While you may not be aware of it, there’s a revolution going on in healthcare. What kind of revolution? One that involves the nation’s healthcare providers’ move away from paper patient files to electronic health records (EHR).
EHR has been an ongoing effort for some time; it hasn’t been cheap and it hasn’t been easy. The federal government is one of the largest proponents of HER; it has offered healthcare providers and hospitals up to $27 billion in federal financial incentives to switch to digital patient documentation in an effort to improve patient care. By 2014, providers nationwide will be expected to document and report care electronically and by 2015 they will face financial penalties if they don't meaningfully use EHRs.
The Affordable Care Act (ACA), the controversial legislation passed by Congress and signed into law by President Obama in 2010, sets standards for electronic health records; it creates standardize billing and requires health plans to begin adopting and implementing rules for the secure, confidential, electronic exchange of health information. Using electronic health records is expected to reduce paperwork and administrative burdens, cut costs, reduce medical errors and most importantly, improve the quality of care.
Before the rules governing EHRs fully kick in under the terms of the Affordable Care Act, the federal government and health institutions are still refining ways to demonstrate quality in reporting. A new, federally-funded study by Weill Cornell Medical College demonstrates ways in which quality measurement from EHRs can be improved. In a large cross-sectional study in New York State, researchers demonstrated that the accuracy of quality measures can vary widely. Electronic reporting, although generally accurate, can both underestimate and overestimate quality.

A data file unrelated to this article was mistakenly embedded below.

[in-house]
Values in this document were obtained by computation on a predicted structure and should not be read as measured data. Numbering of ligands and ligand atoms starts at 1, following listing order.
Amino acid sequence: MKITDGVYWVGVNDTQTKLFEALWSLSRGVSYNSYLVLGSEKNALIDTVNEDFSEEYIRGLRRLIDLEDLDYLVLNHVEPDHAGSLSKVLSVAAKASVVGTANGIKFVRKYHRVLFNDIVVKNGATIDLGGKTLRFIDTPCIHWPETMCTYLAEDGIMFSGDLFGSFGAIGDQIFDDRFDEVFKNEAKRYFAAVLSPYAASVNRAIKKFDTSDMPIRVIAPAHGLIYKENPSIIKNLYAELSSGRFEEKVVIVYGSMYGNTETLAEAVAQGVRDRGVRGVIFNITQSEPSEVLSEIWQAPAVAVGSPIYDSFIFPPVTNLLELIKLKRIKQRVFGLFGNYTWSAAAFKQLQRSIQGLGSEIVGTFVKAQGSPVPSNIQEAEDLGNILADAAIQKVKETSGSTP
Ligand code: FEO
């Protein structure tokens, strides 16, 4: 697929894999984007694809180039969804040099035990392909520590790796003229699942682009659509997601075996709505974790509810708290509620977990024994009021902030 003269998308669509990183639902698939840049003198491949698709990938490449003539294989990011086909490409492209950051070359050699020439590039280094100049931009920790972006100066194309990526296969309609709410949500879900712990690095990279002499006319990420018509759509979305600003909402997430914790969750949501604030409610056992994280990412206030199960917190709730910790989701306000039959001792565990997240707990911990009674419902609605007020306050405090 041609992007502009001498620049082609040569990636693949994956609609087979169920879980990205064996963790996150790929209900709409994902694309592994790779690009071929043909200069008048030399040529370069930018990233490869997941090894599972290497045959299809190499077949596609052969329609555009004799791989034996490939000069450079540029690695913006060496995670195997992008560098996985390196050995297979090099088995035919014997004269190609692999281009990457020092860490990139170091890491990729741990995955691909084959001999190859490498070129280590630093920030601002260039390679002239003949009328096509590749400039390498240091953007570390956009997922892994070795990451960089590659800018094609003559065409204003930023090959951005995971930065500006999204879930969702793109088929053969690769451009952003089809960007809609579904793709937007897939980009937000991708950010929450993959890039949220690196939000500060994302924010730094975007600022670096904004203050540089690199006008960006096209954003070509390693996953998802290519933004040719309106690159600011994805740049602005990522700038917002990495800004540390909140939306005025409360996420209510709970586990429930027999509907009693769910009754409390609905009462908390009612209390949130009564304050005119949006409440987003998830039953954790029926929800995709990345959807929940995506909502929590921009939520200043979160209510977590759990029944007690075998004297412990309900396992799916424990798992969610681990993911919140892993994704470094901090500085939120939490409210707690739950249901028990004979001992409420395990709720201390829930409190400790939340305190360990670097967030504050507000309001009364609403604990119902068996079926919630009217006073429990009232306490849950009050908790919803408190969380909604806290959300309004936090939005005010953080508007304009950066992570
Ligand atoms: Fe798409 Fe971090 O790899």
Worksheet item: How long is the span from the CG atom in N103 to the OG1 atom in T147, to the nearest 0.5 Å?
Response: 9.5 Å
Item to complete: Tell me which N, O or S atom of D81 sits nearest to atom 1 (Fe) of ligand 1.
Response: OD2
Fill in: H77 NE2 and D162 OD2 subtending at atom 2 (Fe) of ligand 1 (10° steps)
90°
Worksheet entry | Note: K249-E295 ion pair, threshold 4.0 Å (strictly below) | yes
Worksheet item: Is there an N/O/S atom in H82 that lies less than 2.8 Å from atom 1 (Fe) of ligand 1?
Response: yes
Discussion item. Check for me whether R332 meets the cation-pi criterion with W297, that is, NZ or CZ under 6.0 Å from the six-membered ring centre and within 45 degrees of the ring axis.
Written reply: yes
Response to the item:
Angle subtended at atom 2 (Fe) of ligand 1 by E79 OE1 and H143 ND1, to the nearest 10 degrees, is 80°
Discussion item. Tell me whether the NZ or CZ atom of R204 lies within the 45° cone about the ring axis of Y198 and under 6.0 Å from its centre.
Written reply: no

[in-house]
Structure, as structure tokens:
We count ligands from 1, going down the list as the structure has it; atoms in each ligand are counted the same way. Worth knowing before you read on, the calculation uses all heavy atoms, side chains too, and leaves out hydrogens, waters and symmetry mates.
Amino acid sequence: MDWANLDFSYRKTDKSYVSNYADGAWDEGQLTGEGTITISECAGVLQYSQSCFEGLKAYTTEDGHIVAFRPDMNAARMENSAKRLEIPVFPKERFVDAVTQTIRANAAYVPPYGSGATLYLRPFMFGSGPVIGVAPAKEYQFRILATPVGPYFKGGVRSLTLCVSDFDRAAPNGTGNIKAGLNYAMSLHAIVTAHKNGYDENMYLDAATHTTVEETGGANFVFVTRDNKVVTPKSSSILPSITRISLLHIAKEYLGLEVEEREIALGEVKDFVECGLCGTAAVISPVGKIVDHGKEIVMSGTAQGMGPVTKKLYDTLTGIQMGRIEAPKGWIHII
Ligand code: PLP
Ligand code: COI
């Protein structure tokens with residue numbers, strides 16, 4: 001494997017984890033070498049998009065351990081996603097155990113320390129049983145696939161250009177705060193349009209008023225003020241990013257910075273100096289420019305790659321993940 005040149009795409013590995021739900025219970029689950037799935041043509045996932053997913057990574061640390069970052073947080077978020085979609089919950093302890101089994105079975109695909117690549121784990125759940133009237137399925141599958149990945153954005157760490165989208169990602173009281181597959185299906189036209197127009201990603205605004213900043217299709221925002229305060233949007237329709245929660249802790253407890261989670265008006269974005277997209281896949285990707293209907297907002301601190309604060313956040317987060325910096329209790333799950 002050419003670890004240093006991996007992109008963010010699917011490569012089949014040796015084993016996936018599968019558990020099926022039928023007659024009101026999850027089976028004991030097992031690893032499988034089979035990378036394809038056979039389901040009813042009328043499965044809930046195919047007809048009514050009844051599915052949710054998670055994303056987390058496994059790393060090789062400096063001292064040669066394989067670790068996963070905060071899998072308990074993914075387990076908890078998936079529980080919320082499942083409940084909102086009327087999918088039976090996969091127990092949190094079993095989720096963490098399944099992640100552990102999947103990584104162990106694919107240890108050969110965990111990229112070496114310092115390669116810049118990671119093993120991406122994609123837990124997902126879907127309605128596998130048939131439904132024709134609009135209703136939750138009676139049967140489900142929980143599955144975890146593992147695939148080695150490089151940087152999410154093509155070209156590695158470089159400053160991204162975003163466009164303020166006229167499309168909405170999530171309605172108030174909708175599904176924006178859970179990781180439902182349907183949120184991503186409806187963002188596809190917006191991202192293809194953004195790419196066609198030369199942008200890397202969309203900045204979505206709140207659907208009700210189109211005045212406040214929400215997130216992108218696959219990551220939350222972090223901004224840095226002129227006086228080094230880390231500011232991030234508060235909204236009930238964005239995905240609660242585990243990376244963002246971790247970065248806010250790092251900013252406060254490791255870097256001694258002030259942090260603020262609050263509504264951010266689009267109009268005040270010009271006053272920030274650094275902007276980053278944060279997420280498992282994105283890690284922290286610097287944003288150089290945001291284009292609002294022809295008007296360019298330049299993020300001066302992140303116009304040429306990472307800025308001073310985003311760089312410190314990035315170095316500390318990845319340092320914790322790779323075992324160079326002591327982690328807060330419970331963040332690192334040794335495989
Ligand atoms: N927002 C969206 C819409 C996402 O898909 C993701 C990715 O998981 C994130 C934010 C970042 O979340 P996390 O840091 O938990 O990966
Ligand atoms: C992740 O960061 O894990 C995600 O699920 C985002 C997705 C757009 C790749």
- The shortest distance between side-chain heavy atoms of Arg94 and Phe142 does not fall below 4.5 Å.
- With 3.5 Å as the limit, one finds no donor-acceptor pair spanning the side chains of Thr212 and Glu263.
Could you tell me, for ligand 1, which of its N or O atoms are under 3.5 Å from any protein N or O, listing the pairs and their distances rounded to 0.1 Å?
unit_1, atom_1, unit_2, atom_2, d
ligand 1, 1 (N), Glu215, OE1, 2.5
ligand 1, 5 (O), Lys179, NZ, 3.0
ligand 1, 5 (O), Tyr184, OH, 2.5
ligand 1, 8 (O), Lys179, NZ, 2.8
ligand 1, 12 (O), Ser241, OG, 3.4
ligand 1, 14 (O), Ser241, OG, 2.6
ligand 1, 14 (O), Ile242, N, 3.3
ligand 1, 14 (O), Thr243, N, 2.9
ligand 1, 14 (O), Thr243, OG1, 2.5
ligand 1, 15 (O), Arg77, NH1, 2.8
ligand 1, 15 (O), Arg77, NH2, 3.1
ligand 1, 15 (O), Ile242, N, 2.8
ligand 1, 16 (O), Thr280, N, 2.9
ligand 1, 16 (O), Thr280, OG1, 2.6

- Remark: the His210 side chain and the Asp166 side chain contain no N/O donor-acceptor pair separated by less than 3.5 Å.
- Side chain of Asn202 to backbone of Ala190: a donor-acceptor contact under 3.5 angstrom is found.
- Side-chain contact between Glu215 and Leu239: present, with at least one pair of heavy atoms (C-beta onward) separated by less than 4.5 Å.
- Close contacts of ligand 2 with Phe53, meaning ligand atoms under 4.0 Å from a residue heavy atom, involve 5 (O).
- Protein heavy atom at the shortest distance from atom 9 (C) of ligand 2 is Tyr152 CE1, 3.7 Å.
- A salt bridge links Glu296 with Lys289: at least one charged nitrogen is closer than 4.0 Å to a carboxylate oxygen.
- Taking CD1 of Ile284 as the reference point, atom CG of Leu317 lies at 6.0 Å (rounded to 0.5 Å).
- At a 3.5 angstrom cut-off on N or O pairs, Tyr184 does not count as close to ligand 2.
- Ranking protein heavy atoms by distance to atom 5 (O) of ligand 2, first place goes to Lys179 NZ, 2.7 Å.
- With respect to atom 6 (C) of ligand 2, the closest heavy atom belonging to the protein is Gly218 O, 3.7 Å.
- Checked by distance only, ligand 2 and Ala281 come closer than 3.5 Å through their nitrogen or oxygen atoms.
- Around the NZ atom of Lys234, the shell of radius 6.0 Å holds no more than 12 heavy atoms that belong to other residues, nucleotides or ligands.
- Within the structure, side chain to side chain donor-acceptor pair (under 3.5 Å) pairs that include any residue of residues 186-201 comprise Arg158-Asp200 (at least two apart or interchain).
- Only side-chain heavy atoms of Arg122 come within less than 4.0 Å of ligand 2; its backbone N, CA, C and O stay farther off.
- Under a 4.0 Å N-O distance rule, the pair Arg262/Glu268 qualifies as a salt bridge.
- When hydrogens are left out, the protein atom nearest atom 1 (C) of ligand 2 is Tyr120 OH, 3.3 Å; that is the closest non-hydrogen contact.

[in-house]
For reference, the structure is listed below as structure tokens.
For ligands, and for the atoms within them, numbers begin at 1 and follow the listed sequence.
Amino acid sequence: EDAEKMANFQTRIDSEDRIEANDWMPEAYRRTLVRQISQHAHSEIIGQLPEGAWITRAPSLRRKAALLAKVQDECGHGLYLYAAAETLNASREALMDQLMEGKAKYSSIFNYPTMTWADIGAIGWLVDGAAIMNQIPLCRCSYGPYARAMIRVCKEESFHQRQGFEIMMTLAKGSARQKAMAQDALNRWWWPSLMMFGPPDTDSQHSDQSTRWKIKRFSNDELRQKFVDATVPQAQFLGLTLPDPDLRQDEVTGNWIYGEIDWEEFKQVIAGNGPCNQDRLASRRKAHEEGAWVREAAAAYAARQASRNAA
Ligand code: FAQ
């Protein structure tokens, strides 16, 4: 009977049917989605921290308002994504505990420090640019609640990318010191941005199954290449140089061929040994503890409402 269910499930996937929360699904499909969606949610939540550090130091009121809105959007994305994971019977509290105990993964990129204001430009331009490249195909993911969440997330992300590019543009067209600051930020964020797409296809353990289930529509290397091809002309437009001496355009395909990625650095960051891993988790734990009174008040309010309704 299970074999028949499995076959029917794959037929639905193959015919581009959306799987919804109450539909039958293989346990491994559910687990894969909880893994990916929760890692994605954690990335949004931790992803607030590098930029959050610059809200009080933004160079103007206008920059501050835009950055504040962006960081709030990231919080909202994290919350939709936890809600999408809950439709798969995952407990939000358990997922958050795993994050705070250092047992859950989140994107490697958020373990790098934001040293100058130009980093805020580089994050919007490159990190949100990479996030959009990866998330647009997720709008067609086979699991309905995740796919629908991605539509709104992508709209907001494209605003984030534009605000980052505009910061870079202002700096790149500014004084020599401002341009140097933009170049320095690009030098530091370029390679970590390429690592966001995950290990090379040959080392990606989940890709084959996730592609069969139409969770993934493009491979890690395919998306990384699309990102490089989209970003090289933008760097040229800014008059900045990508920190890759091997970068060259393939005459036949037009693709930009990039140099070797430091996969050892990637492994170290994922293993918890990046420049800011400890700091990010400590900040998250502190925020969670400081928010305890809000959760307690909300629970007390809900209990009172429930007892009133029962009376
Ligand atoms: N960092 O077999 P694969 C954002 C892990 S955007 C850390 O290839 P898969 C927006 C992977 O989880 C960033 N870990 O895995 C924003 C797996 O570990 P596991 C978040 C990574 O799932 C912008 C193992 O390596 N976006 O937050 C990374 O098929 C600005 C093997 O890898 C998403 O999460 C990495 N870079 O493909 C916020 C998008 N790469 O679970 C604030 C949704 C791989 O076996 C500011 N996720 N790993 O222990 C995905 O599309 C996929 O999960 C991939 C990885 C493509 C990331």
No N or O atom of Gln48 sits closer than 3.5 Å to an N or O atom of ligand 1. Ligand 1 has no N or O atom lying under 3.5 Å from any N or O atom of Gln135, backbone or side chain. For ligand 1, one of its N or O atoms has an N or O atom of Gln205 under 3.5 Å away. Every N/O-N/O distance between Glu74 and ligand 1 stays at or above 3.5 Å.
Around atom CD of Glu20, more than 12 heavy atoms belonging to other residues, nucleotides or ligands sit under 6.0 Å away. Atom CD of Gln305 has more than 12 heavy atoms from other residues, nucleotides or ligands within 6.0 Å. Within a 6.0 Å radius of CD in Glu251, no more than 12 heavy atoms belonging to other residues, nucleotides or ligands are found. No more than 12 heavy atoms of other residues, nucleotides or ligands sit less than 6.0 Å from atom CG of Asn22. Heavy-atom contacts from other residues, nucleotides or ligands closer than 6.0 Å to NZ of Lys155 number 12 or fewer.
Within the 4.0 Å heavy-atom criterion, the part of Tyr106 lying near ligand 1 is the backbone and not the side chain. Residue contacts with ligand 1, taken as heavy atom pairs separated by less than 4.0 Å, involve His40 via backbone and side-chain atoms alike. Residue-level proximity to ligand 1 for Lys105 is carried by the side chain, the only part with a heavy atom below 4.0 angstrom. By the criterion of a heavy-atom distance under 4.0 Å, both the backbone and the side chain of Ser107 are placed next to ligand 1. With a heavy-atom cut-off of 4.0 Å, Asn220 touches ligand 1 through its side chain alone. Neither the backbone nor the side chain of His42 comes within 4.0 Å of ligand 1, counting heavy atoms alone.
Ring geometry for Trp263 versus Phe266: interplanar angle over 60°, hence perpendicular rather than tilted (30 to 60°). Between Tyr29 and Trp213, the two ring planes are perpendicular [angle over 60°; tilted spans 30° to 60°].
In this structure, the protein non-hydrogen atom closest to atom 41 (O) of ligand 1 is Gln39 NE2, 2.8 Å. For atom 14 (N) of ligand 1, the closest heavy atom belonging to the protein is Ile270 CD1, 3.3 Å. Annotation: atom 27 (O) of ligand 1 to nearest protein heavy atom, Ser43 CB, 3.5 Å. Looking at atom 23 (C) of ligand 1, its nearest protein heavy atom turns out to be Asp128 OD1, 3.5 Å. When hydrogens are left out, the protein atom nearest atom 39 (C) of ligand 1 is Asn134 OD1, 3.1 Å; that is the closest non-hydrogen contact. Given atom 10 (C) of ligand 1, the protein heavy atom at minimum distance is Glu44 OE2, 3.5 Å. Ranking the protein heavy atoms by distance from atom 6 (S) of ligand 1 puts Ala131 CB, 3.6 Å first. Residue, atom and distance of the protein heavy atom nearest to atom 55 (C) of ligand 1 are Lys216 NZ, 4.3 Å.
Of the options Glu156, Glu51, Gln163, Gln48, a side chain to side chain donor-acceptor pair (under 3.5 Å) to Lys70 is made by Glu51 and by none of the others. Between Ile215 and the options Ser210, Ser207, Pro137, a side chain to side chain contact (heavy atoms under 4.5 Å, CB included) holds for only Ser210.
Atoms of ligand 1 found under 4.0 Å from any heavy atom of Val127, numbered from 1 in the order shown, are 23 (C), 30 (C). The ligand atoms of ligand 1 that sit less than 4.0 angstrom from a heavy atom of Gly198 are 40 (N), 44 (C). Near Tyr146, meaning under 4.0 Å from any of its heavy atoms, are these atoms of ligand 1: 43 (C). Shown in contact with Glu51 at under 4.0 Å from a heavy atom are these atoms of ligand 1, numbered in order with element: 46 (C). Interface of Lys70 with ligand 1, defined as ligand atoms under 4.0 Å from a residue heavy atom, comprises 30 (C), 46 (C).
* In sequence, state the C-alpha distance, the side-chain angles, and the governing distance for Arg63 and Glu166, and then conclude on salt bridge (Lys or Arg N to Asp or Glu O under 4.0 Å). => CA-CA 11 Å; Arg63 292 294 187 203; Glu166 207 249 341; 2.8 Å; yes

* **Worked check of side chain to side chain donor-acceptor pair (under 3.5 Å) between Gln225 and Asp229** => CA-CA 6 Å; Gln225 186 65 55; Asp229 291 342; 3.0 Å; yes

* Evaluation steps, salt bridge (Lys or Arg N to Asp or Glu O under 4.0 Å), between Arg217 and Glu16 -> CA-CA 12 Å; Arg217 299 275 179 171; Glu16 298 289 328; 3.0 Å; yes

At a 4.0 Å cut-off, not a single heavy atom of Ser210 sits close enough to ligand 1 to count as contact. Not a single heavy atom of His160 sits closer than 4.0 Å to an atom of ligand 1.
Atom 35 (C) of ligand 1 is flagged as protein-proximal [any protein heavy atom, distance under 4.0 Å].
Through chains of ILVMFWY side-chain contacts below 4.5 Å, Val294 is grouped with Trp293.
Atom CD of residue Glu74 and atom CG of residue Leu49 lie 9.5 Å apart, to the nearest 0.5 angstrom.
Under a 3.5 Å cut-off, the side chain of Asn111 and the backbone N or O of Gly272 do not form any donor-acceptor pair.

The new research has been published in the January 15 issue of Annals of Internal Medicine.
"This study reveals how challenging it is to measure quality in an electronic era. Many measures are accurate, but some need refinement," said the study's senior author, Dr. Rainu Kaushal, director of the Center for Healthcare Informatics Policy, chief of the Division of Quality and Medical Informatics and the Frances and John L. Loeb Professor of Medical Informatics at Weill Cornell.
"Getting electronic quality measurement right is critically important to ensure that we are accurately measuring and incentivizing high performance by physicians so that we ultimately deliver the highest possible quality of care. Many efforts to do this are underway across the country," continued Dr. Kaushal.
To arrive at its conclusions, researchers analyzed clinical data from the EHRs of one of the largest community health center networks in New York state. The research team examined the accuracy of electronic reporting for 12 quality measures, 11 of which are included in the federal government's set of measures for incentives. What they found was fairly good consistency for nine measures, but not for the other three.
The automated reports generally performed well. However, they underestimated the percentage of patients receiving prescriptions for asthma and receiving vaccinations to protect from bacterial pneumonia. A third measure suggested that more patients with diabetes had cholesterol under control than actually did. The automated report said 57 percent of eligible diabetic patients had cholesterol controlled, while a manual check of the charts showed it was actually only 37 percent. Part of the problem is that physicians and nurses filling out the EHRs may be typing in information in a place that is not being captured by quality reporting algorithms, said the researchers.
"EHRs are not just electronic versions of paper records but rather tools that enable transformation in the way care is delivered, documented, measured and improved,” said Dr. Kaushal. “The federal meaningful use program will enable the deployment of these promising systems across the country, thereby enabling health care to enter the digital age.”
Edited by Rich Steeves